So far, we’ve talked about how lay and lie are two separate verbs with different usage, but, just to prove how confusing English can be, even to native speakers, get this: lay is also the past tense of lie! Therefore, if speaking in the past tense, you can use lay without an object. Eg, I lay back on the daybed and imagined I was holidaying in the French Riviera.

But the reason I am frothing at the mouth, and have finally succumbed to ranting about it here, is because I don’t recall ever learning these lessons in grammar – indeed, I am quite sure I never learned any rules of grammar at school beyond nouns, verbs, adjectives and adverbs, and perhaps tenses. I don’t know what it means to conjugate a verb, as some good grammar-focussed blogs do when explaining the different uses for lie and lay. But despite the lack of formal training, I must have developed an ear for what is correct and what is not, and I am forever cringing at hearing lay used in the present tense, to replace the word lie. For example

I’ll get you all to start by laying on your mats (a yoga teacher)

She’s not feeling well so I told her to lay down (a colleague at work)

All I want to do is have a day off and lay around reading a book (overheard in a bookshop) (I find it hard to believe this person can actually read.)

I’m disheartened every time I hear this kind of misuse of the word lay, but I don’t correct people. To counteract the frustration I feel when I hear these misplaced phrases, I cheer myself up by quipping a witty response like Should we lay an egg on our yoga mat? Or should we lay some bricks? Of course, I don’t say this out loud, but only in my own head. And after I’ve chuckled, and congratulated myself on my wit, I make my own small protest, by lying on my yoga mat instead.

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*a true story

**Fans of Dylan probably stopped reading after the second line of this post, but fans of yoga mats keen to read more about the yoga mat that starred in this post, should click on the tag, yoga mat, (below) to be taken to more scintillating yoga mat-related stories. 

 

Panic on the dance floor

It’s time to solicit some crucial advice from the combined wisdom of readers.

The question is – should I go to my 30 year school reunion?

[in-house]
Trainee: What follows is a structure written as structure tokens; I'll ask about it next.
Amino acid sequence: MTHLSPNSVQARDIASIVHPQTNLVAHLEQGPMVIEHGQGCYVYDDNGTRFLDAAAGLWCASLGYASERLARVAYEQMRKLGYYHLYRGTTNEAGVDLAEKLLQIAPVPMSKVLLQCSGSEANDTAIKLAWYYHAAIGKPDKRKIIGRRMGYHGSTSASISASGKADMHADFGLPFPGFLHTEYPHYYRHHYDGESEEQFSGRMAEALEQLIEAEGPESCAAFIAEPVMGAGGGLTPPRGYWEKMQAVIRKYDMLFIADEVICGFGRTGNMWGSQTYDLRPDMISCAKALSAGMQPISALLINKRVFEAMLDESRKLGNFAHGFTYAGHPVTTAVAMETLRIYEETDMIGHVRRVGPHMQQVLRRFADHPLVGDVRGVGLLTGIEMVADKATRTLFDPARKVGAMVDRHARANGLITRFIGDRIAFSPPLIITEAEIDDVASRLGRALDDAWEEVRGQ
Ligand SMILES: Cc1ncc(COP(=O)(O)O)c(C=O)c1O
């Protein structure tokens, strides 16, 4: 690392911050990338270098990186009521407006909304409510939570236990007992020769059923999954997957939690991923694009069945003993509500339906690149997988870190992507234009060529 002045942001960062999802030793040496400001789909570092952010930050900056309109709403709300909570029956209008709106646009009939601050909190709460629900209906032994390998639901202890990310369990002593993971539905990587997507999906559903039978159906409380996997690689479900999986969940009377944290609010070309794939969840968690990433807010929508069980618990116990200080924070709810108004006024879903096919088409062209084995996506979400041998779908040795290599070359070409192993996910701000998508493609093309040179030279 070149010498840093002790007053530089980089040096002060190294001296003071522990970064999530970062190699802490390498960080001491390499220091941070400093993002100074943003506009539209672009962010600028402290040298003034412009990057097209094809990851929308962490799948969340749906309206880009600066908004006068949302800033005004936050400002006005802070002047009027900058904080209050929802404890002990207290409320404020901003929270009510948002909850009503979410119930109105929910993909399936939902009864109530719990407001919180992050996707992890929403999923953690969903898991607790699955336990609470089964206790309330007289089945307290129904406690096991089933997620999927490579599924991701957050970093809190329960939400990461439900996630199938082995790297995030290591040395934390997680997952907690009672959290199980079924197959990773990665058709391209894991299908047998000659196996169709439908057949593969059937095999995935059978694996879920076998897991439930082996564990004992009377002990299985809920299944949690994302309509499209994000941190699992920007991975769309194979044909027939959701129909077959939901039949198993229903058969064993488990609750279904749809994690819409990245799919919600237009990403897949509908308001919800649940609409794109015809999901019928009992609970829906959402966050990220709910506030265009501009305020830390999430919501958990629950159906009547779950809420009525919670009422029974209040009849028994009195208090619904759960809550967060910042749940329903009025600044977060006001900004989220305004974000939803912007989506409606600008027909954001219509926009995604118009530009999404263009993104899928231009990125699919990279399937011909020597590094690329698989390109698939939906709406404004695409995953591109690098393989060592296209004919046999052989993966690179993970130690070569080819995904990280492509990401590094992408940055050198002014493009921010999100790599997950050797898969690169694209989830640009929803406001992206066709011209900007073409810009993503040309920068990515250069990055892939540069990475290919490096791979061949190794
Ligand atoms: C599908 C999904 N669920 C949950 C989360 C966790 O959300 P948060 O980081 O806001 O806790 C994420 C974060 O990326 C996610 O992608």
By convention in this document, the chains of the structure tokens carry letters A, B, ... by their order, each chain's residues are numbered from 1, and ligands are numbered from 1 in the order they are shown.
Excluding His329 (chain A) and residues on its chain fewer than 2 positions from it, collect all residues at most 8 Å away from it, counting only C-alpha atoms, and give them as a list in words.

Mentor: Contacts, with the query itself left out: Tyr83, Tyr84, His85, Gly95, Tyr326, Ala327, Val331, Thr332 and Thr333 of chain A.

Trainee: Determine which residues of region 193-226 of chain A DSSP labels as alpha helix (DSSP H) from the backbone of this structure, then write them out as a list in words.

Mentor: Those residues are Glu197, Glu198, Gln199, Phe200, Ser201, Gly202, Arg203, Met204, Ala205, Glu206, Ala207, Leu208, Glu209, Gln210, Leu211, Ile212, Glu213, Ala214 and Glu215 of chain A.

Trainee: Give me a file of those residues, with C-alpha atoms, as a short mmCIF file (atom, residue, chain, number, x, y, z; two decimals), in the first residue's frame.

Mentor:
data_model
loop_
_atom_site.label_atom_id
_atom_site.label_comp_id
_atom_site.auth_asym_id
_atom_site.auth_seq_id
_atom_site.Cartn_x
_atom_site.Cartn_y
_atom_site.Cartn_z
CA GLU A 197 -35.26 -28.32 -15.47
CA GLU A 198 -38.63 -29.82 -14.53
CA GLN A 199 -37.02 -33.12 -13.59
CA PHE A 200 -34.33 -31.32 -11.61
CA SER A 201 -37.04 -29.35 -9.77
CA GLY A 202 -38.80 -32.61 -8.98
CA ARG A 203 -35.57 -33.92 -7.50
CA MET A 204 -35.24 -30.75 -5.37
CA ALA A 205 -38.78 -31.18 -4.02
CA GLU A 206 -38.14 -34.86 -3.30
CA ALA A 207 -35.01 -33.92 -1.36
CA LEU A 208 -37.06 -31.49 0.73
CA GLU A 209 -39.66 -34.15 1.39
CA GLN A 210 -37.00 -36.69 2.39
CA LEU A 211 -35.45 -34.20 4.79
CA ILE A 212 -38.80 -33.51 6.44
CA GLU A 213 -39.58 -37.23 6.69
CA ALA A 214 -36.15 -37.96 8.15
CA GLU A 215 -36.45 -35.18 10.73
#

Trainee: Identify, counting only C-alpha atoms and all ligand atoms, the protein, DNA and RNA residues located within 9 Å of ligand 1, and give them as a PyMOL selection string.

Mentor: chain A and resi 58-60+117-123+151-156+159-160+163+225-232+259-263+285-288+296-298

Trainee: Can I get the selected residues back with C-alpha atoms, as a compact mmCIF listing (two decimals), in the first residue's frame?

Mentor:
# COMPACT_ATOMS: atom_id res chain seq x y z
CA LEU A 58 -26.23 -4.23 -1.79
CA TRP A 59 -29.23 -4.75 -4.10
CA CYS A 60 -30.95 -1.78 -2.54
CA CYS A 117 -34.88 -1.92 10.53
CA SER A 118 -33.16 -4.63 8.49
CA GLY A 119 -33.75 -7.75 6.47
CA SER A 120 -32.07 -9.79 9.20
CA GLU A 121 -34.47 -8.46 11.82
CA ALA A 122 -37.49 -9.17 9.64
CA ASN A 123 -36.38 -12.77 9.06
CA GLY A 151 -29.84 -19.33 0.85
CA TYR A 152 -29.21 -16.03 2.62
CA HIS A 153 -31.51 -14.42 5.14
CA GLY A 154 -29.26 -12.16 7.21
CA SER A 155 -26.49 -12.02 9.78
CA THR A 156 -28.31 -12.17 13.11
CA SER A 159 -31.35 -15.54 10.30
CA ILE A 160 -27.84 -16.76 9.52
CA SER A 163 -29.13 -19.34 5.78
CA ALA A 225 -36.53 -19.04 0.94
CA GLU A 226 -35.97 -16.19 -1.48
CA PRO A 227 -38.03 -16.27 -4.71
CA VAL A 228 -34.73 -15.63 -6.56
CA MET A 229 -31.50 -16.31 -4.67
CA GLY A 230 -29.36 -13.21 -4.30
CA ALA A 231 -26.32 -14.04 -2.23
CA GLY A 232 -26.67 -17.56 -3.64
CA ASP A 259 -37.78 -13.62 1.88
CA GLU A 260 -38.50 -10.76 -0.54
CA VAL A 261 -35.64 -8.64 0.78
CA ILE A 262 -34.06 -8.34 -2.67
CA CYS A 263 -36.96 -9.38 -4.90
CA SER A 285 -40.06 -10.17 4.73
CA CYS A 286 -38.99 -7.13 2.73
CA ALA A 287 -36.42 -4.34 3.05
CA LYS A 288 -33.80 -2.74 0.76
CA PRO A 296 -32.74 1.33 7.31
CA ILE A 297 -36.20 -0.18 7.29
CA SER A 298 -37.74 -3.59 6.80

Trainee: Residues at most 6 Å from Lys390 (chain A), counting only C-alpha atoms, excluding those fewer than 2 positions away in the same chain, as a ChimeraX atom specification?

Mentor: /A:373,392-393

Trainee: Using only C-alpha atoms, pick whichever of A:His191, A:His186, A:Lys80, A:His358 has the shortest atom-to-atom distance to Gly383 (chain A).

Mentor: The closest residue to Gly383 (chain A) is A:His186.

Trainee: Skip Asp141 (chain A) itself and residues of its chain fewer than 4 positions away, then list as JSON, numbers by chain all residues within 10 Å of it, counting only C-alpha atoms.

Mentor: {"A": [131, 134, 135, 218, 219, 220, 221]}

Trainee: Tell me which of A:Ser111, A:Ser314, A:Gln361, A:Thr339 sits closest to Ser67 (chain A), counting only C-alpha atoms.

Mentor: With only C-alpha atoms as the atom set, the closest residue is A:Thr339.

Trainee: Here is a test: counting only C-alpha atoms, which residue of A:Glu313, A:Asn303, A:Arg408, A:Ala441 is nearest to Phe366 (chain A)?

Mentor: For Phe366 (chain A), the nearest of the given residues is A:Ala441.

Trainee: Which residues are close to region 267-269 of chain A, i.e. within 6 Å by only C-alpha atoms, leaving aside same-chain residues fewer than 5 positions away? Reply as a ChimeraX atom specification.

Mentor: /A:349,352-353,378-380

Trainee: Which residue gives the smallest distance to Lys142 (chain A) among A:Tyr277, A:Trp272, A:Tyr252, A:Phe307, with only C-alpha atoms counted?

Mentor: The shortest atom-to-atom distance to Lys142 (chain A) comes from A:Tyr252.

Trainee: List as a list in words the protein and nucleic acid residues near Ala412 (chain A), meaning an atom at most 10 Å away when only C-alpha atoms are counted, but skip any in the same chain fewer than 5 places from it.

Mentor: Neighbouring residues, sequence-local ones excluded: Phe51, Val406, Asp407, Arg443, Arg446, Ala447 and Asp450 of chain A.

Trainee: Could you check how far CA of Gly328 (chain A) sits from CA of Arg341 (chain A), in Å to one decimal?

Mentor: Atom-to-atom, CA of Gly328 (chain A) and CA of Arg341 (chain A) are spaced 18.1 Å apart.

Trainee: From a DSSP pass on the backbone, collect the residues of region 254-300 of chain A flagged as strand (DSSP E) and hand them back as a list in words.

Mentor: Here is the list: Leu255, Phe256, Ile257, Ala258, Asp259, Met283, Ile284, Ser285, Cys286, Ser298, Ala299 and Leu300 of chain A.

Yes, 30 years! Apparently that’s how long it’s been since I was lying around languidly in an asphalt courtyard at lunchtimes, discussing boys, or INXS, (specifically Michael Hutchence) or teachers, or who was at the nightclub last Saturday night and who’s going this Saturday.

When the time came for the 10 year reunion, I didn’t go – not through any deliberate desire to avoid it, but because I had an exhibition opening the same evening, if you don’t mind. Why yes, those were the days when I was a twenty-something artist.

When the next one (20 years) came around, I didn’t go because, well, I hadn’t been to the 10 year reunion, and by the 20 year mark I’d basically fallen out of contact with every single person I’d been friends with at high school. I’ve written about this before, but it seems that I haven’t tended to retain friends for a lifetime as some people do. Instead it seems that by mutual agreement in some cases, or not in others, I lose contact with people and move on and make new friends so that I end up having a past series of friends who are associated with specific periods of my life. This has worked ok so far, but I do hope I’ll start retaining friends for longer, because I can see that opportunities to make new friends become less as you get older.

Anyway, when the 20-year reunion came along, I was a 30-something, working in the arts. Working in the arts sounds less glamorous than being an artist, but in the end it suits me better to be doing practical tasks that contribute towards the creation of art (theatre) by a company, and for that reason, I feel satisfied. Sure I’m creative, and, oh boy, do I love ideas! – why, I can ramble on about them for hours, as this blog proves! – but it turns out I’m not very good at self promotion, or at staying focussed and motivated when left to drive myself along to develop abstract concepts into physical works of art. I’m easily overwhelmed by broad, undefined goals.  “Continue to develop a body of ideas and work that may end up being exhibited, or may simply be research and development towards your whole oeuvre” was a little too vague to help me decide what to do from day to day as I attempted to produce work in my studio.

But back to the looming 30-year reunion. This is happening in the near future, a time when I’m a 40-something, still working in the arts. (At least there has been some consolidation on the career front then.) I am still not in touch with anyone from school apart from two people that I am now Facebook Friends with. Of those two, I’ve caught up once, in person, with one of those people.

So basically, attending the reunion means attending an event where I don’t know anyone very well, but sort of know everyone just a little bit. In my opinion, for a shy, introverted extrovert (that is a self-diagnosis), this is far worse than attending an event where everyone is a complete stranger. And finally, even worse again, some are people I used to be close friends with, who dropped out of contact about 20 years ago.